In Snell’s “hybrid model,” those deeply interested readers would pay sites like Stratechery, The Information, The Athletic and The Apex directly while “less loyal news grazers” would have Apple’s futuristic News app to turn to for free and premium content.

What Rossignol wrote was similar:

Apple’s subscription news service is expected to be a “premium product,” but the report claims that some publishing industry executives fear the service could steal some of their subscribers, especially if it is affordably priced. Apple’s services chief Eddy Cue has reportedly met with some publishers to alleviate these concerns.

On the other hand, Apple News could be a lifeline for the industry. A subscription service would instantly reach hundreds of millions of iPhones and iPads, providing publications with exposure that would be very hard to achieve on their own.

If the statistics are to be trusted, 58 percent of The Apex’s readers last month consumed our content on Apple News. Thus, exposure indeed exists there.

Two things to note quickly:

  1. Subscriptions are already present in Apple News. Publications that employ a paywall on their actual website can keep the same premium content behind a subscription that’s managed, from what I can tell, alongside subscriptions to apps — streamlined and sensical. This means there’s already a workflow in place that Apple can evolve to match the magazines rather than online publications that I imagine will be brought over from Texture. I don’t know how to offer subscriptions in Apple News, but it doesn’t matter because…
  2. The Apex employs a different method for reaching sustainability and making money. We wanted to get readers involved in supporting our work and also wanted to remove advertisements from our creations, so we launched a value-for-value model a month ago wherein readers decide what The Apex is worth to them and match that value with monthly, annual or one-time contributions. All our content is freely available; there is no paywall. So while I like this supposed future for Apple News, it’s not a sandbox we’ll be playing in.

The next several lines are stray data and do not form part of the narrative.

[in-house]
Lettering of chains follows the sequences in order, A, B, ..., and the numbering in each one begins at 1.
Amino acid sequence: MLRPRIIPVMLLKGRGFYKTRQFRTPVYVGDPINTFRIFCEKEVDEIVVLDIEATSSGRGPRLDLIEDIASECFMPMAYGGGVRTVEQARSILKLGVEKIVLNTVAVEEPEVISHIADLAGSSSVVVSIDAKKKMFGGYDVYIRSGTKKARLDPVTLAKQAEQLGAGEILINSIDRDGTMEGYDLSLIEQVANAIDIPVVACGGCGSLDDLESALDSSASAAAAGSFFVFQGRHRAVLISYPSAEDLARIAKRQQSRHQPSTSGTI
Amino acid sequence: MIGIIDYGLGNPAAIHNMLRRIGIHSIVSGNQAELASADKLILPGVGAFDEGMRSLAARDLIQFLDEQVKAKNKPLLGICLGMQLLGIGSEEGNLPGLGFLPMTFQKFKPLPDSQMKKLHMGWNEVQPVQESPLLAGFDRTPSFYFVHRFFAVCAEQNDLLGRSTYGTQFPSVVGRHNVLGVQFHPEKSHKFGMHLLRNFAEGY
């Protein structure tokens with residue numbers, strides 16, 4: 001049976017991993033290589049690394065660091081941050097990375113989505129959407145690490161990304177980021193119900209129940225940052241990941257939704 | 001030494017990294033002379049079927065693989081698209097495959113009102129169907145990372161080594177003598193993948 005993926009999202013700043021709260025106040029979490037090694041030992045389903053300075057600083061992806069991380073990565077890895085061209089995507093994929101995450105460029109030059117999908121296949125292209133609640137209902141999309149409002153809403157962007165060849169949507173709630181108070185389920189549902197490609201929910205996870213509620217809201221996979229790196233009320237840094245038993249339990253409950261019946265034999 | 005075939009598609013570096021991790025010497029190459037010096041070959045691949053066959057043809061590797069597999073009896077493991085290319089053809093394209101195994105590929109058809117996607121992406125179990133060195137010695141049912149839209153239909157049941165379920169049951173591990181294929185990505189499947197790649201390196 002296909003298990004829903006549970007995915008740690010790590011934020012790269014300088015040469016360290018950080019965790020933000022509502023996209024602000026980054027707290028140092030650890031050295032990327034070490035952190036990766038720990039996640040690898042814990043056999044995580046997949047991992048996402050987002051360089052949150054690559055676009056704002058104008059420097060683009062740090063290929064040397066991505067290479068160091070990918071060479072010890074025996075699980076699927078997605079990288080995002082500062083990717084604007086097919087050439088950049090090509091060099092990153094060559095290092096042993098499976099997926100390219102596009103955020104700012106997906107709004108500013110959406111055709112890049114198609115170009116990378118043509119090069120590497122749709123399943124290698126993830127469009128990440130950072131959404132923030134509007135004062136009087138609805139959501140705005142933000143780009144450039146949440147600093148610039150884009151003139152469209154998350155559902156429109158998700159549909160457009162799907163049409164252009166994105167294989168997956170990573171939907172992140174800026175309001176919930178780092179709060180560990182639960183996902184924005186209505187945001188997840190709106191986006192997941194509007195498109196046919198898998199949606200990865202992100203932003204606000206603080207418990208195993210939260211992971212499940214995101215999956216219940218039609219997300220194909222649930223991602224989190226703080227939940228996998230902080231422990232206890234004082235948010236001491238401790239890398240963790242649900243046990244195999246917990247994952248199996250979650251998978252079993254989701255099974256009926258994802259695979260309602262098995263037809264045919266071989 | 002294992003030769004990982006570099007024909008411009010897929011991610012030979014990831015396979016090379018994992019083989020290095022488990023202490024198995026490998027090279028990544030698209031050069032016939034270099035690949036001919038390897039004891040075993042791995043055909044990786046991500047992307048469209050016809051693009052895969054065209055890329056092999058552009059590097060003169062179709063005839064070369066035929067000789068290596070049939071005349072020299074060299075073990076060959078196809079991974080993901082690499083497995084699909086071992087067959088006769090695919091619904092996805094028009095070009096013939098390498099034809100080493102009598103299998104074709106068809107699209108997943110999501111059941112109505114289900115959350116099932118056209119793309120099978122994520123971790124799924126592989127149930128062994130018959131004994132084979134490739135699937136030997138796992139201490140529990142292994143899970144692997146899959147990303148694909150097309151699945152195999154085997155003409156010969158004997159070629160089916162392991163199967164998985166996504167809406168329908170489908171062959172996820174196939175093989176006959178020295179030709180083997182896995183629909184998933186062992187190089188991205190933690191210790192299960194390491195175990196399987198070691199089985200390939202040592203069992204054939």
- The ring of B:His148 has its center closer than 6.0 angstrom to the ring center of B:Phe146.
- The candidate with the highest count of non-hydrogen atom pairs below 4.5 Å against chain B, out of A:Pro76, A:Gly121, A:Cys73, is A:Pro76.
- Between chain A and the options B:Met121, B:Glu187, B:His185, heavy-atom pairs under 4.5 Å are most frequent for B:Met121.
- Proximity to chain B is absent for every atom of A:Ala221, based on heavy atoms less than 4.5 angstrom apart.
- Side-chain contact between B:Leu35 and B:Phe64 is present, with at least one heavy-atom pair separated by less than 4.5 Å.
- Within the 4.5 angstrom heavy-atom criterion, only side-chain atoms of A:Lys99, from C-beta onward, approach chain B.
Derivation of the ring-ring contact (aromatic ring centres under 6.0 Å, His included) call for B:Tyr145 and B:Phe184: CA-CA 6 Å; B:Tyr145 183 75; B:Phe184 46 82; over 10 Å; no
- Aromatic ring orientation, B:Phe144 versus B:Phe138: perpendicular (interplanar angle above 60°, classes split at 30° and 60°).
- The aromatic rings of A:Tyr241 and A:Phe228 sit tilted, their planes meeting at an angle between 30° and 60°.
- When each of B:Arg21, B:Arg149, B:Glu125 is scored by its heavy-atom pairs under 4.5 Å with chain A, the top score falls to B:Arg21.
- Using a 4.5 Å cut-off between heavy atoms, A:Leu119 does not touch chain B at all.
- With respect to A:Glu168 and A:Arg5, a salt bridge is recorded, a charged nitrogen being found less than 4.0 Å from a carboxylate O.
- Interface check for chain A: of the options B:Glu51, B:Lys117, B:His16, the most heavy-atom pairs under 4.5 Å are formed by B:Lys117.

Autosport Plus subscription in Apple News app
Autosport’s readers can consume the website’s premium content in Apple News if they buy a subscription in the app. Millions of people have the News app, but not all of them know about Autosport.

But wait. Maybe the future of the News app is cheap and therefore grim.

It’s a scary thought I had about music last week: For $10 a month, anyone can access almost all music created ever. Now, Apple Music and Spotify subscribers don’t own the music; they’re merely streaming it. But I find it astounding that all music ever is worth $10. If all written content in Apple News is worth a similar monthly price, that would be very bad.

No matter the platform, I believe the livelihood of current and future publications relies on audiences deliberately directing their attention and money to sources they enjoy. I have faith that readers will see the value in doing business with publications. I just hope it costs them more than $10.